This is a smart move. Everyone already roughly knows who the big names in the Justice League are, there are literally countless movies, cartoons and TV shows about them. It’s these new and interesting heroes that we need to know more about and fall in love with.
When the film does touch Batman or Wonder Woman, it’s to establish lesser-known traits about them, such as how he is able to hold his own even against gods, aliens, and monsters despite being a mere mortal; and how despite her tough, warrior exterior, she possesses a kind emphatic heart that connects her to the people.
This is what Justice League needed: Relationships, emotions, levity—heart.
As the years went on, the animated films would carry with them the same spirit–Interactions, relationships, character, and world-building all take precedence above everything else. The result is that DC Animated would bring much more of the DC Universe to life in a way that feels fresh, charming, and unconfined.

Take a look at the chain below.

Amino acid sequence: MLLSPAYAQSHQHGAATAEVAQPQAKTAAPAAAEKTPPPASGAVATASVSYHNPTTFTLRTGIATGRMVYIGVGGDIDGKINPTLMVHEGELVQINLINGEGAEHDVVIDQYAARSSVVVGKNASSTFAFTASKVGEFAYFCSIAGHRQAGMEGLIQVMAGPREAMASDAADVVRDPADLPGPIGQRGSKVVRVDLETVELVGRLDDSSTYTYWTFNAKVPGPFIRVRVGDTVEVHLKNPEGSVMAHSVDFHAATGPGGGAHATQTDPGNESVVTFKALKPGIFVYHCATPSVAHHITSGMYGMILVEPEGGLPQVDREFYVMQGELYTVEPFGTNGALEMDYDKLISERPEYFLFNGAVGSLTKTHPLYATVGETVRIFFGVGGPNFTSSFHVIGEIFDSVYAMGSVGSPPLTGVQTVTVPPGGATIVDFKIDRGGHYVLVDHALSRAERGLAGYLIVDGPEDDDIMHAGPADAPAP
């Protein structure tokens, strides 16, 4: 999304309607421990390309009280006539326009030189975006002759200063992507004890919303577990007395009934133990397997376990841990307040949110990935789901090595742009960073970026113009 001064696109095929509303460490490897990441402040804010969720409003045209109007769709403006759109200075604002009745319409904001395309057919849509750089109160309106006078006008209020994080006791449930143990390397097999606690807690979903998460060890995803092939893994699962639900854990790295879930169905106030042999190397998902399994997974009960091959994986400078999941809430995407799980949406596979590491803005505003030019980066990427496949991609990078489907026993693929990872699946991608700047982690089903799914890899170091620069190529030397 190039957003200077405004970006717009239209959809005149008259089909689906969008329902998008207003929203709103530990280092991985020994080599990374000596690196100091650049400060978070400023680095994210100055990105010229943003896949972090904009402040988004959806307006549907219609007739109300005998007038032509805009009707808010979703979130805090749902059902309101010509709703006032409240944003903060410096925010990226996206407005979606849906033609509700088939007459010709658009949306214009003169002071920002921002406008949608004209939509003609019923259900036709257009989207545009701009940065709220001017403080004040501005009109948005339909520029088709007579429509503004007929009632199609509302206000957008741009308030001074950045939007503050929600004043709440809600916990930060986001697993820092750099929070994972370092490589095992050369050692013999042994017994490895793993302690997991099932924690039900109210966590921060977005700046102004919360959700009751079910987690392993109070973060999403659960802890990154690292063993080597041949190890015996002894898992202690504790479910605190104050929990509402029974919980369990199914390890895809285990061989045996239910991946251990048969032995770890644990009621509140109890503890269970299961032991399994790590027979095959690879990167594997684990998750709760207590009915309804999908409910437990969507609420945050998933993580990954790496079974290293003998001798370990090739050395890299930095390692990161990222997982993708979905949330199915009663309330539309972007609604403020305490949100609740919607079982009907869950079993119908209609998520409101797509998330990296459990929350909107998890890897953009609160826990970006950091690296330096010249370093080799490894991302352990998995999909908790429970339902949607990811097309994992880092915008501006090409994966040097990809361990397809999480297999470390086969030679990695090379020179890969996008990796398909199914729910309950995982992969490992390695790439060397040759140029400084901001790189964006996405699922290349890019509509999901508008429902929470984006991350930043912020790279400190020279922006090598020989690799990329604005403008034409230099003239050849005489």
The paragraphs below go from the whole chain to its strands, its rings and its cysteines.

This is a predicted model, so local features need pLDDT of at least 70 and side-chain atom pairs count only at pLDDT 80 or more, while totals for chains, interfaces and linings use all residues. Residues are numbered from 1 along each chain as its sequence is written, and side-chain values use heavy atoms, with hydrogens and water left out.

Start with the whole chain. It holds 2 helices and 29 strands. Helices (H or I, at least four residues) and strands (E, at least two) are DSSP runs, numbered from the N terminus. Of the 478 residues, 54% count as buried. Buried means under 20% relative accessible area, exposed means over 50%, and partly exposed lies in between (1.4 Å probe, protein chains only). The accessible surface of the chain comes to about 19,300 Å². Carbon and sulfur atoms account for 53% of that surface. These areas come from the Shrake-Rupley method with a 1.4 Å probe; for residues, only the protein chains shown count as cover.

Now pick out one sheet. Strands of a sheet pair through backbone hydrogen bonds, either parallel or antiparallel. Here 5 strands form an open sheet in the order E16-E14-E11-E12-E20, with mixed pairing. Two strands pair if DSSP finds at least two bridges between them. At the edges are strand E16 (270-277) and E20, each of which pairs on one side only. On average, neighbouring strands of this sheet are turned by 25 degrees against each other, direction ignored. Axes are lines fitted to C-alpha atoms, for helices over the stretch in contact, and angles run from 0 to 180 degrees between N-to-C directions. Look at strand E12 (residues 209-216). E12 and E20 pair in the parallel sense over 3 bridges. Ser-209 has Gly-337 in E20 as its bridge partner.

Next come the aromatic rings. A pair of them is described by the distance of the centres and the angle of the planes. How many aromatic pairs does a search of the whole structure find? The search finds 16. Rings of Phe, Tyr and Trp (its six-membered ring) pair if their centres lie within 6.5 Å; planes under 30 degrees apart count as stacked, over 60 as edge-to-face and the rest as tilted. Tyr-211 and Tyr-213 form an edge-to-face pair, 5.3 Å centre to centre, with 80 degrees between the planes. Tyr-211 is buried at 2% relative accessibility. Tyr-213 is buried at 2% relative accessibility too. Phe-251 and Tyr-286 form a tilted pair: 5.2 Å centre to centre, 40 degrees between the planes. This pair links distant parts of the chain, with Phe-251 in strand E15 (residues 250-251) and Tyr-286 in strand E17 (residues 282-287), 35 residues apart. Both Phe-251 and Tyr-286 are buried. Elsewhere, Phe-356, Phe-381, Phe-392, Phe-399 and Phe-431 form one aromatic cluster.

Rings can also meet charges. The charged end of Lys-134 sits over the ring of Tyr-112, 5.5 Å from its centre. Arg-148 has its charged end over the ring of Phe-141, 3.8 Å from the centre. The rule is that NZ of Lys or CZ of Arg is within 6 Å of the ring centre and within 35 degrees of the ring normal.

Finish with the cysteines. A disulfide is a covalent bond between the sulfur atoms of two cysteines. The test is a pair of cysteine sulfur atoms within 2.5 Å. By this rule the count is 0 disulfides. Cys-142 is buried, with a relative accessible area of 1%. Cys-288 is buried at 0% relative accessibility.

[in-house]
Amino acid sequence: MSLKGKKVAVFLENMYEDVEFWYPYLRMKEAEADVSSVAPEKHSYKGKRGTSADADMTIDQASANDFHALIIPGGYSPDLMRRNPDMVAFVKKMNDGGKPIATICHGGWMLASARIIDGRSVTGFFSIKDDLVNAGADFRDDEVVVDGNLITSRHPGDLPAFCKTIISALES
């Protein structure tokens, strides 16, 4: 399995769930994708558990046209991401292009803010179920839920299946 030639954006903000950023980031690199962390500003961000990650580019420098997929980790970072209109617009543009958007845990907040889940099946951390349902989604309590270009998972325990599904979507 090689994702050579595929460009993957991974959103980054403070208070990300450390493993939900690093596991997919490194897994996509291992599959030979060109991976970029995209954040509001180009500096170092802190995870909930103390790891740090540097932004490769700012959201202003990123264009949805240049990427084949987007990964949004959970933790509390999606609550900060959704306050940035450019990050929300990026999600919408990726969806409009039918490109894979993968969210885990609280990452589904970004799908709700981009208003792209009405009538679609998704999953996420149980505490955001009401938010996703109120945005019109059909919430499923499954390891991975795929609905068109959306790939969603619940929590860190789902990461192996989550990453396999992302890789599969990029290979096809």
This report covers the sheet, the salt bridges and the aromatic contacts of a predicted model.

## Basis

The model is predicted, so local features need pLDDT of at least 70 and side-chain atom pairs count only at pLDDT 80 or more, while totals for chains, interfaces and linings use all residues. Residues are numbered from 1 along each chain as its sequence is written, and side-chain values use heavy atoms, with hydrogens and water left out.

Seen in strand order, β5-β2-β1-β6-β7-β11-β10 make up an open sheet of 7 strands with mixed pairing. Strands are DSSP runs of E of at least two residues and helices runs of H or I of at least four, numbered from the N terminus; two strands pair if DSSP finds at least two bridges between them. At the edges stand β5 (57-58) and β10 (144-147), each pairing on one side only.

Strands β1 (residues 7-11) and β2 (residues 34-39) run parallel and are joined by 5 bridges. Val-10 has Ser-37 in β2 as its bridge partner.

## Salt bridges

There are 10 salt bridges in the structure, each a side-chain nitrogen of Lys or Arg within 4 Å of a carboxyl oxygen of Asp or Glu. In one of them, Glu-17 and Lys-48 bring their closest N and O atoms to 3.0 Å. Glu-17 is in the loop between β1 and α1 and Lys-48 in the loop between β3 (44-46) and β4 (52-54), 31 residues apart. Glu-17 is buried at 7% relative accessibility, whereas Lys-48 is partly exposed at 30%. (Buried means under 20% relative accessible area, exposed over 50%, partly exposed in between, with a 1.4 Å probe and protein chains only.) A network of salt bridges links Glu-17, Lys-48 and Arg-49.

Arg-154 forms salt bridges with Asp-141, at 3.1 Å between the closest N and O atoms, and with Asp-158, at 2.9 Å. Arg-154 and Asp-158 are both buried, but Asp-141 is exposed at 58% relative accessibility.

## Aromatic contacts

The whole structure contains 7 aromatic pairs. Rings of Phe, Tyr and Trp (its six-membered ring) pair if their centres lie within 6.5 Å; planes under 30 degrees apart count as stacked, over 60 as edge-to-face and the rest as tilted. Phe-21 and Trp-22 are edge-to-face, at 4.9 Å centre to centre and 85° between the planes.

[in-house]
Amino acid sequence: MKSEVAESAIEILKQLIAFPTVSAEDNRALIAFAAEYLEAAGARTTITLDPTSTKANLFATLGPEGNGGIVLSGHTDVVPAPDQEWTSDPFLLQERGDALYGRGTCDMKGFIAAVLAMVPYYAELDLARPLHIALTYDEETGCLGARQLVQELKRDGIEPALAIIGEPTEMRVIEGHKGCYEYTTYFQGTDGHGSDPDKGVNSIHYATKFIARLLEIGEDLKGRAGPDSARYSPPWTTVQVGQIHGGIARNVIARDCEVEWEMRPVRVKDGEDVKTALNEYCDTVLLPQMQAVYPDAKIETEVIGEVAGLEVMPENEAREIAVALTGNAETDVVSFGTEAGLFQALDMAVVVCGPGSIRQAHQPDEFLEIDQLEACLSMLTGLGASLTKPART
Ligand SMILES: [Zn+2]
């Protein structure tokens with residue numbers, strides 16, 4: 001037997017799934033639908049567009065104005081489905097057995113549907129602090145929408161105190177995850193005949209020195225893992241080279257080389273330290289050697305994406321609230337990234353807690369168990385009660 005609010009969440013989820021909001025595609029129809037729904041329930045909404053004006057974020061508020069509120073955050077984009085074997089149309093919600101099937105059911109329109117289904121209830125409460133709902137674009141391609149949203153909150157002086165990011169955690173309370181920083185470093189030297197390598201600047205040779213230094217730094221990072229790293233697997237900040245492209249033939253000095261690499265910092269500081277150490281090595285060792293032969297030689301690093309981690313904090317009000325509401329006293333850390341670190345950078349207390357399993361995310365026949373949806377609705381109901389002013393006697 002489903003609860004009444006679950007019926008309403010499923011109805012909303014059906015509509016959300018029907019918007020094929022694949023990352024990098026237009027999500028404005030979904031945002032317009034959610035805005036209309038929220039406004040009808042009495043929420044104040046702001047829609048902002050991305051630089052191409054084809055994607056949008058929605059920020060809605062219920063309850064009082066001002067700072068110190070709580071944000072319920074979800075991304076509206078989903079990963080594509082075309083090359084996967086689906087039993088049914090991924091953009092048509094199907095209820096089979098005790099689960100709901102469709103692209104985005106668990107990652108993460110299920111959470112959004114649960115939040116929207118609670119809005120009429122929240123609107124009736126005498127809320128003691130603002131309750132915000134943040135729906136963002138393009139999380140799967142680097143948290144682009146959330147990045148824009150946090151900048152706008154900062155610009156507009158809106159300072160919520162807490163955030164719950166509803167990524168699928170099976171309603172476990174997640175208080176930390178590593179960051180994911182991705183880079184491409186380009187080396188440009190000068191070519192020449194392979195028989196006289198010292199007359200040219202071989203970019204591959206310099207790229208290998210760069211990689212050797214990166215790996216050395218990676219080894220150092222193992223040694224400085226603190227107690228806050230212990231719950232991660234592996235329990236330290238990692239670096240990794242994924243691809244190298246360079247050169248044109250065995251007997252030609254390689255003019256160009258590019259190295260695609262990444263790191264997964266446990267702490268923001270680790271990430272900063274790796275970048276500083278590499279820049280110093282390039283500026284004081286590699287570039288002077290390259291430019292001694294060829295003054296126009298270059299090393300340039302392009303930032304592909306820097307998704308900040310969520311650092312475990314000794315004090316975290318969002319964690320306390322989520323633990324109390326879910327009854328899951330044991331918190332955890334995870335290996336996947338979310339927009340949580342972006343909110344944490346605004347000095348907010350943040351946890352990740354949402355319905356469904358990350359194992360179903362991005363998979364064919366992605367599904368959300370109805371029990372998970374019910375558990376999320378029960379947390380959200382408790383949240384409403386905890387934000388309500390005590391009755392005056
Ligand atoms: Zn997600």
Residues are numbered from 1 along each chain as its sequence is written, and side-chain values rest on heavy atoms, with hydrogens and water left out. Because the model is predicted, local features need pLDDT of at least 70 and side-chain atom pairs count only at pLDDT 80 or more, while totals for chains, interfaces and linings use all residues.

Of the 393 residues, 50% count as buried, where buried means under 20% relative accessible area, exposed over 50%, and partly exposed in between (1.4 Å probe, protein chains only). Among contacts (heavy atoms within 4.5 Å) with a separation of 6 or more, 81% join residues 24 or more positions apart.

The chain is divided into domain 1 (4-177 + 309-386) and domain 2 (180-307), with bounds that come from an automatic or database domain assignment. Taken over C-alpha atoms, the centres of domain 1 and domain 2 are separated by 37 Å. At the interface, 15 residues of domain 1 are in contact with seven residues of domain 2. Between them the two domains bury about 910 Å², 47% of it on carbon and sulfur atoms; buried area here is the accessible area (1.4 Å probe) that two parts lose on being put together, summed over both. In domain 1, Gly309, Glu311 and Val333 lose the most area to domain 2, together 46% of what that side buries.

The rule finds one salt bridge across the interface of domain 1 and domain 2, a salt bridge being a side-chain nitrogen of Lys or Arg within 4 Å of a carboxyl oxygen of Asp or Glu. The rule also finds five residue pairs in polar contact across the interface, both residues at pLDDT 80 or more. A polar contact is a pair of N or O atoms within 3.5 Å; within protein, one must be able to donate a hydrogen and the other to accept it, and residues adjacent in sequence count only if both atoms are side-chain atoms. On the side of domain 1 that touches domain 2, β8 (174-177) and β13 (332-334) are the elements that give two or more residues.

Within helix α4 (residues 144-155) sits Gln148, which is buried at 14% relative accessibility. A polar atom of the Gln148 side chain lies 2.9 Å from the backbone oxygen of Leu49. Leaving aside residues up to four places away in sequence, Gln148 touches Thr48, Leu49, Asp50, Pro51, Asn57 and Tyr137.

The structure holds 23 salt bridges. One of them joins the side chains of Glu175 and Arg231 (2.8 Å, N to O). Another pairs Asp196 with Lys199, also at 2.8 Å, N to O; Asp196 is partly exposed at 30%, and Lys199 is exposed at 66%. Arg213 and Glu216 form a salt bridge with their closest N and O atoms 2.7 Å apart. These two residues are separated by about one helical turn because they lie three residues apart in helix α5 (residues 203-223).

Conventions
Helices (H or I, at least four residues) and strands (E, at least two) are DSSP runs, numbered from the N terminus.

This is best illustrated through Damian Wayne’s introduction and journey through this DC Animated Universe. He was first introduced in Son of Batman as Bruce Wayne’s offspring with Talia Al Ghul. After resolving his differences with his father and adopting his moral code, he dons the mantle of Robin (Batman VS Robin), and learns discipline as a member of the larger Batfamily (Batman: Bad Blood). Later he learns how to work as a team as he’s sent off to join the Teen Titans (Justice League versus Teen Titans). Damian remains a permanent fixture even until Justice League Dark: Apokolips War where he has a duel with his brain-washed father with Damian now upholding the values that he was taught instead of fighting against it.
Damian’s story serves as a major throughline in the whole DC Animated Universe. His journey serves as the lens with which we see this universe and with each passing movie he’s in, you know how much he’s gone through, learned, and ultimately grown. That’s how you establish.